Last week, the Food Section took the appropriate steps to make sure no one forgets about butt-chugging and pink slime in 2013 with its roundup of this year’s stand-out neologisms and other food terms, which got us thinking: It’s been an exceptional year for food words. The Times gave broader circulation (and immortality) to the words “Donkey Sauce” and “bleu-sabi” when it published its now-famous negative-star review of Guy’s American Kitchen last month, so much that Pete Wells might as well have chiseled the Guy Fieri’s menu onto a solid gold record and launched it, with a message from the U.N.’s secretary-general, into deep space, à la Voyager 1. While butt-chugging and Donkey Sauce were getting all the play, no one noticed that sriracha made it into the Oxford English Dictionary.
So first, congratulations, sriracha!
But moreover, no neologisms or portmanteaus as potent as ‘locavore’ have seemingly entered the fray this year. They’re out there, though, and here are six of them, flapping away in the zeitgeist, that should have gotten broader circulation.
The word: Faux-raging
What it is: The blatant misappropriation of the word used to describe rummaging through the wilderness in order to find edible things to describe conventional shopping experiences. We love you, Whole Foods, but when your appointed “forager for artisanal foods” is someone who just visits Smorgasburg on Saturday to convince grilled-cheese-sandwich purveyors to come set up shop on Houston Street, that is not foraging, it’s called taking the subway to Williamsburg.
Where it comes from: In January, when Marcia Gagliardi of Tablehopper called out restaurants for overusing the buzzword on menus. “Going out to your restaurant garden and cutting some rosemary isn’t foraging,” she wrote. “That’s faux-raging.”
The word: Foodhazing
What it is: People who love to eat taunting their ilk with delicious-looking food on Instagram, Twitter, and other outlets.
Where it comes from: Popularized by Marvel Comics’ C.B. Cebulski, who travels the world for his job and maintains a robust address book of people who love food and like to demonstrate this wirelessly. “My buddy Jerry Ma is over in Paris,” he wrote last December in one of many such Tumblr posts, “foodhazing me from the Maison De Truffle with this pic of his ‘shrimp’ risotto!”
The word: Bitterati
What it is: The resurgence of classic cocktails and history-minded bartenders extends to this subset of tinkerers, consultants, and tincture torch-bearers. Following the lead of bitters revivalists Dale DeGroff, Gary Regan, and Ted Haigh, these are the people who macerate barberry root on the backbar and cloud your gimlet with drops of rhubarb, or suggest you try some pimento in your Sazerac.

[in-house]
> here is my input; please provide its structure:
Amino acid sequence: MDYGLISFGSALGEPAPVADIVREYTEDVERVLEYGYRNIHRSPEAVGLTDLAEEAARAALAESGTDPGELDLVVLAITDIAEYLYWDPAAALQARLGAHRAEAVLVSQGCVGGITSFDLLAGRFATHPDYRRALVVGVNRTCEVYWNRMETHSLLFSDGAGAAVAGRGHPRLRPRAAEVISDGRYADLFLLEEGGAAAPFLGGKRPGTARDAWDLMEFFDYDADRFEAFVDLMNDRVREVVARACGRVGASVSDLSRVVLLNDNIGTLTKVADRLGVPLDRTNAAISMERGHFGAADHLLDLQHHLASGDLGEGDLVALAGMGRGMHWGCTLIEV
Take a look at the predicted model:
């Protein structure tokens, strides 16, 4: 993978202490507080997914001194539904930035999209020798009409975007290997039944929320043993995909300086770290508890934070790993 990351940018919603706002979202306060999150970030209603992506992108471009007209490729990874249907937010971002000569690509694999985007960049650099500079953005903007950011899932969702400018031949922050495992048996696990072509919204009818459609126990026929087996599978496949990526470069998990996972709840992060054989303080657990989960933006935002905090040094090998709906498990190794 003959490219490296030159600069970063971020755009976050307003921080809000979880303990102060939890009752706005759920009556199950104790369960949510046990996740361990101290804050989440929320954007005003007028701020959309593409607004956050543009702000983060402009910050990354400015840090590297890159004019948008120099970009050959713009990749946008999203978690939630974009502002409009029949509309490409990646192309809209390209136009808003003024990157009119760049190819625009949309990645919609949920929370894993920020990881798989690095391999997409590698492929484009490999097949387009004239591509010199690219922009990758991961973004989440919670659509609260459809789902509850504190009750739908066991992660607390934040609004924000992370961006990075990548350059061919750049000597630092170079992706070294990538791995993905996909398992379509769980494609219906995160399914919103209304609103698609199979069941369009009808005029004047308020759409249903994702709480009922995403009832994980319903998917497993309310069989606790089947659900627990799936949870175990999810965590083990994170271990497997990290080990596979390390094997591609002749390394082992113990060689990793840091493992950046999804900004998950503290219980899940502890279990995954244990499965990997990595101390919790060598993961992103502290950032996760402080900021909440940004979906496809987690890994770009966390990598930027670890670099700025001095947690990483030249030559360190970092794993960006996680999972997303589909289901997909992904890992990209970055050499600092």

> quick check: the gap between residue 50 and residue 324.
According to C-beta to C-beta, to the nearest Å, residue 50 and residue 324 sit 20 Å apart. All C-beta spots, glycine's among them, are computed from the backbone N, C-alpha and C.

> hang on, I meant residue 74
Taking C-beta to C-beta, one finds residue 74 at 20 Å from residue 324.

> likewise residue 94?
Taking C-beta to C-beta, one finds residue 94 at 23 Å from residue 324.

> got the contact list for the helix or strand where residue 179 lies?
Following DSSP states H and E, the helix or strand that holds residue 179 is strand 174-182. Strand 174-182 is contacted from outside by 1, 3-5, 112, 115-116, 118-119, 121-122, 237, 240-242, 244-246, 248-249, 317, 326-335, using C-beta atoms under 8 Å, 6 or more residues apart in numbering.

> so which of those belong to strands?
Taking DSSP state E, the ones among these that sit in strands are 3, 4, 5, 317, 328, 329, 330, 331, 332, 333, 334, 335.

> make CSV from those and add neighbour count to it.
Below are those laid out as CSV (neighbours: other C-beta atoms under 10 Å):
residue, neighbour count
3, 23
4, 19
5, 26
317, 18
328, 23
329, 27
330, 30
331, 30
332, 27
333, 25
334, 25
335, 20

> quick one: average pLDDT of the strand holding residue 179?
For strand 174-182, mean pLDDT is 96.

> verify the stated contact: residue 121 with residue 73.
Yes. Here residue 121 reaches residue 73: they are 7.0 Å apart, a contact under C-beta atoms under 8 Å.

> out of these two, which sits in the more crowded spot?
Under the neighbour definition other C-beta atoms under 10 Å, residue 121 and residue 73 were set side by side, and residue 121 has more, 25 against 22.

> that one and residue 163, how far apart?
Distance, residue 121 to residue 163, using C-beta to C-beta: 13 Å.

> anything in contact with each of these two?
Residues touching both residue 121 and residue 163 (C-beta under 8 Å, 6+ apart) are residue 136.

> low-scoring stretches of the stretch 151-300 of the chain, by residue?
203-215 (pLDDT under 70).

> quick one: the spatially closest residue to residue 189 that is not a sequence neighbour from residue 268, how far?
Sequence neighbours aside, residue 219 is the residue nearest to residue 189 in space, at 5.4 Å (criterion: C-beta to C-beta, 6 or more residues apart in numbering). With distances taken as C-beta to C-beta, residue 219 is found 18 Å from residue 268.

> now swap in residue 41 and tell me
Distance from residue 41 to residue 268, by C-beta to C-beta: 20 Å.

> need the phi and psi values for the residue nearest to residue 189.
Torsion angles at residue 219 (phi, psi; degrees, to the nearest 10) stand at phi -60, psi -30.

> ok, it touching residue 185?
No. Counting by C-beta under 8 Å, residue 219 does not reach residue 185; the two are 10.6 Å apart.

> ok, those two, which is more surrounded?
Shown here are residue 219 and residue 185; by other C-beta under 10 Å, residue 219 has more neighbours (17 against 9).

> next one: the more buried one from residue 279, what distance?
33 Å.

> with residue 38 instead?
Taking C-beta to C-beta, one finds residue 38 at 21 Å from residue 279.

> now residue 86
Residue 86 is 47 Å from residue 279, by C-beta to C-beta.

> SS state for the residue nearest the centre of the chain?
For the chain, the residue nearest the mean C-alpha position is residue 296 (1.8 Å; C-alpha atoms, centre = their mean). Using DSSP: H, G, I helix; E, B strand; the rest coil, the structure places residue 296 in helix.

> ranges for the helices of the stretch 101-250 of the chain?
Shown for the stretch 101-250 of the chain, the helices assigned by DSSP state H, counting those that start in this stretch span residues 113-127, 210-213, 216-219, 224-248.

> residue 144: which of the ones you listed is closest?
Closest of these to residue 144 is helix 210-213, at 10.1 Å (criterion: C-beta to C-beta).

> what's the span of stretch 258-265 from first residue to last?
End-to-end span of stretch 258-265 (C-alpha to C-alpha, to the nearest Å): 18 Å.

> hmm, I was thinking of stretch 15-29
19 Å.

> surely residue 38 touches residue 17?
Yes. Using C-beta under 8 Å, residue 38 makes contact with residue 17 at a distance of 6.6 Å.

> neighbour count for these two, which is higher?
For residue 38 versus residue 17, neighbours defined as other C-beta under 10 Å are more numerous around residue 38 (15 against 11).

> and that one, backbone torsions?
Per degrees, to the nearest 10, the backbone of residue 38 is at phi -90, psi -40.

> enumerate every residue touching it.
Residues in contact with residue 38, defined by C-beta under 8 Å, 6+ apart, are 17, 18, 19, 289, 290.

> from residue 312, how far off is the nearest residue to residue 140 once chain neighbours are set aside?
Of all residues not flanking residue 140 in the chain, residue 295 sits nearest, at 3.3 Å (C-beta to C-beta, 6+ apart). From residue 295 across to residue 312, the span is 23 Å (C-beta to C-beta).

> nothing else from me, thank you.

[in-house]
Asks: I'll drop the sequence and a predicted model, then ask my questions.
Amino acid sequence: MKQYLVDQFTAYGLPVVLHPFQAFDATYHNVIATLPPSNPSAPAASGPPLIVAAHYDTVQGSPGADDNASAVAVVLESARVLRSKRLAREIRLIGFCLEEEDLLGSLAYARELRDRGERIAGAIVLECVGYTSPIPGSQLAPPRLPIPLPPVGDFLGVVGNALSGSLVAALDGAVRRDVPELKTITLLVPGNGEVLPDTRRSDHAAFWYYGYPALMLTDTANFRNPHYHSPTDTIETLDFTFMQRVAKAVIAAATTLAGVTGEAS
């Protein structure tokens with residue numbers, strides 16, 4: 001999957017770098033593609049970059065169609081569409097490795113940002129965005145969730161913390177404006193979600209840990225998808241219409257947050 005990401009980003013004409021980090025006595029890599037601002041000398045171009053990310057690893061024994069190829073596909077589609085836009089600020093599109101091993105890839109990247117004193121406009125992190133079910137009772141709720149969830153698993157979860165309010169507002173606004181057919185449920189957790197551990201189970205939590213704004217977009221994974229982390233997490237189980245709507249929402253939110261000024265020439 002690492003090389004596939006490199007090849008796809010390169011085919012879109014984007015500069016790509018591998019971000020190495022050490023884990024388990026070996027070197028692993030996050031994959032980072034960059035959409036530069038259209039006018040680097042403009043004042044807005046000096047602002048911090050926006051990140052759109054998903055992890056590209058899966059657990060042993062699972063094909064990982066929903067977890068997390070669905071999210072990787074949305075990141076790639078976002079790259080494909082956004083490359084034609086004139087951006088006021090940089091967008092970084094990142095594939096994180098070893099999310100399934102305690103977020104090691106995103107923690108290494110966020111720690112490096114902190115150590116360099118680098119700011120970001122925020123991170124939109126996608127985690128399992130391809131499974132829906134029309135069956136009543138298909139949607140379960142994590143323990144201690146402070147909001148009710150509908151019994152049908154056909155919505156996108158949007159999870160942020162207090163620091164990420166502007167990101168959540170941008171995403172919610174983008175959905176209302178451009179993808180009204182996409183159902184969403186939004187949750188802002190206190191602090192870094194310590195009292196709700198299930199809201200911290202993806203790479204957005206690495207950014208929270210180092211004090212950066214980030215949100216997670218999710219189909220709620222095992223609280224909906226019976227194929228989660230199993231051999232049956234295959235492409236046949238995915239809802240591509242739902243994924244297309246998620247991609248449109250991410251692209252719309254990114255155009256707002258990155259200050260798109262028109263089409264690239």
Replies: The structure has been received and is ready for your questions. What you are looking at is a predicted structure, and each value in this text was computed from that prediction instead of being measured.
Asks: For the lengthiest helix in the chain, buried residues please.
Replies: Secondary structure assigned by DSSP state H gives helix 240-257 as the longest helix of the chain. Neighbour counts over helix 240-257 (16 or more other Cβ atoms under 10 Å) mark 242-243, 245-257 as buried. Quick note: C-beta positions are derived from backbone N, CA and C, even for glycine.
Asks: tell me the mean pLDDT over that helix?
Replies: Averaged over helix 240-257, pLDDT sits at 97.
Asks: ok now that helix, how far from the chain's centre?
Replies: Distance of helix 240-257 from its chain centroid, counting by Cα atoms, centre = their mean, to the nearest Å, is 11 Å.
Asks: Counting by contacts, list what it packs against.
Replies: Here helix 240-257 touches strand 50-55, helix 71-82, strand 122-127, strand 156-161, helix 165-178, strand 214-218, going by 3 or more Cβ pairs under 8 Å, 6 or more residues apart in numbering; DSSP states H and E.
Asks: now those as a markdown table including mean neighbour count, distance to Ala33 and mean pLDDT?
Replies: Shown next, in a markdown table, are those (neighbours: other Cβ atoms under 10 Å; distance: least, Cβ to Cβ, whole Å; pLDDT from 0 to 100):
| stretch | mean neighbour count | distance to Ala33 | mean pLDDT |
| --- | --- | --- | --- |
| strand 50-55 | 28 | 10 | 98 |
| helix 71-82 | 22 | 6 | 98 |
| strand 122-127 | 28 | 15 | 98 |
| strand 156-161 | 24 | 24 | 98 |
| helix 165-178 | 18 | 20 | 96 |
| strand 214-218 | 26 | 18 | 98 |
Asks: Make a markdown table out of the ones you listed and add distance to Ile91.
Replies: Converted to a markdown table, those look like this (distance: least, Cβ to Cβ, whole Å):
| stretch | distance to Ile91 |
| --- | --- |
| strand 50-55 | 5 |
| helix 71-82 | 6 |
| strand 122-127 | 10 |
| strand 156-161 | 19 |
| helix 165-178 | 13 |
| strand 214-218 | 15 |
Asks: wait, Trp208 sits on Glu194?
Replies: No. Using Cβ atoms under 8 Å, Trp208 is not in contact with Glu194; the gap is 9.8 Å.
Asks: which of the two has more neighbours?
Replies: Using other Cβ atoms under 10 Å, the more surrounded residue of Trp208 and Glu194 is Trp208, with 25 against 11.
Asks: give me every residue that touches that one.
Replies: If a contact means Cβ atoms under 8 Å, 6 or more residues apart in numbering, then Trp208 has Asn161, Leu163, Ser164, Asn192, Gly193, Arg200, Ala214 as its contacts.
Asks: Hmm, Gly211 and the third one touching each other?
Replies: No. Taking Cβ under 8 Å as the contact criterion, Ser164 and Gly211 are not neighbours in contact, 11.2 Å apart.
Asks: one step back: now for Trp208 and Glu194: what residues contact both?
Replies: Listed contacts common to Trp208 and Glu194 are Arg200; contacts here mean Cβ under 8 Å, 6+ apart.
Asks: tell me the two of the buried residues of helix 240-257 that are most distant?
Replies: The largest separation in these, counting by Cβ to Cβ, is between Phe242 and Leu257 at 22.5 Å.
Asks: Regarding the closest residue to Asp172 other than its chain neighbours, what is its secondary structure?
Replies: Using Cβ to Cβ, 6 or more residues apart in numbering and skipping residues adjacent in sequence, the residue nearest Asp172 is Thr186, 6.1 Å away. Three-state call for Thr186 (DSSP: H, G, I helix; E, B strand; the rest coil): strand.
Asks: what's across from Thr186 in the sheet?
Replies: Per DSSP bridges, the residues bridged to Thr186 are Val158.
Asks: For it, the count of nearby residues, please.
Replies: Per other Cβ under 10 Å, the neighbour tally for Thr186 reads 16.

Where it comes from: An exhaustive book on the subject, called Bitters: A Spirited History of a Classic Cure-All by Brad Thomas Parsons was published in November of 2011, and won a James Beard Foundation Book Award and an IACP Cookbook Award for its breadth. Though Parsons doesn’t actually use the word in the book, others acknowledge it exists. The bitterati, like truth in The X-Files, is out there. Unlike the various shady conspirators and the Illuminati, however, the bitterati do not toil in secret. They make yummy cocktails in plain sight.
The word: Farmwashing
What it is: This year, fast-food companies initiated advertising campaigns featuring salt-of-the-earth types, like the rugged McDonald’s supplier who peels his newly harvested potato with a pen knife and takes big bites of raw spuds, just to show that McDonald’s fries are made from the real vegetables.
Where it comes from: Grist unpacked the subtext of the fast-food company’s “farm-to-fork” campaign, calling it “groan-worthy” in its attempt to make processed foods seem less so.
The word: Fierized
What it is: One month ago, Pete Wells reviewed Times Square behemoth Guy’s American Kitchen in the New York Times. It was the review heard around the world, and many theorized why a serious newspaper critic would even bother to take on, and then take down, a theme restaurant located within the world’s most-visited tourist destination. Some say it was classist, while others, like Helen Rosner of Saveur, said it was very necessary.
Where it comes from: We just made it up, we’re pretty sure, but people are still fierizing about that review.
The words: “Make it snow”
What it is: This is what you call it when someone shaves very, very expensive white truffles over your food.
Where it comes from: In January, the Times published a column outlining the somewhat odd but decidedly cost-saving tactic of Mark Oldman, who regularly seeks to cut the supplementary cost of fresh truffles at restaurants by bringing his own. “Having one full truffle ensures that there’s more than enough of this funky fungus to ‘make it snow’ for everyone at the table,” he writes.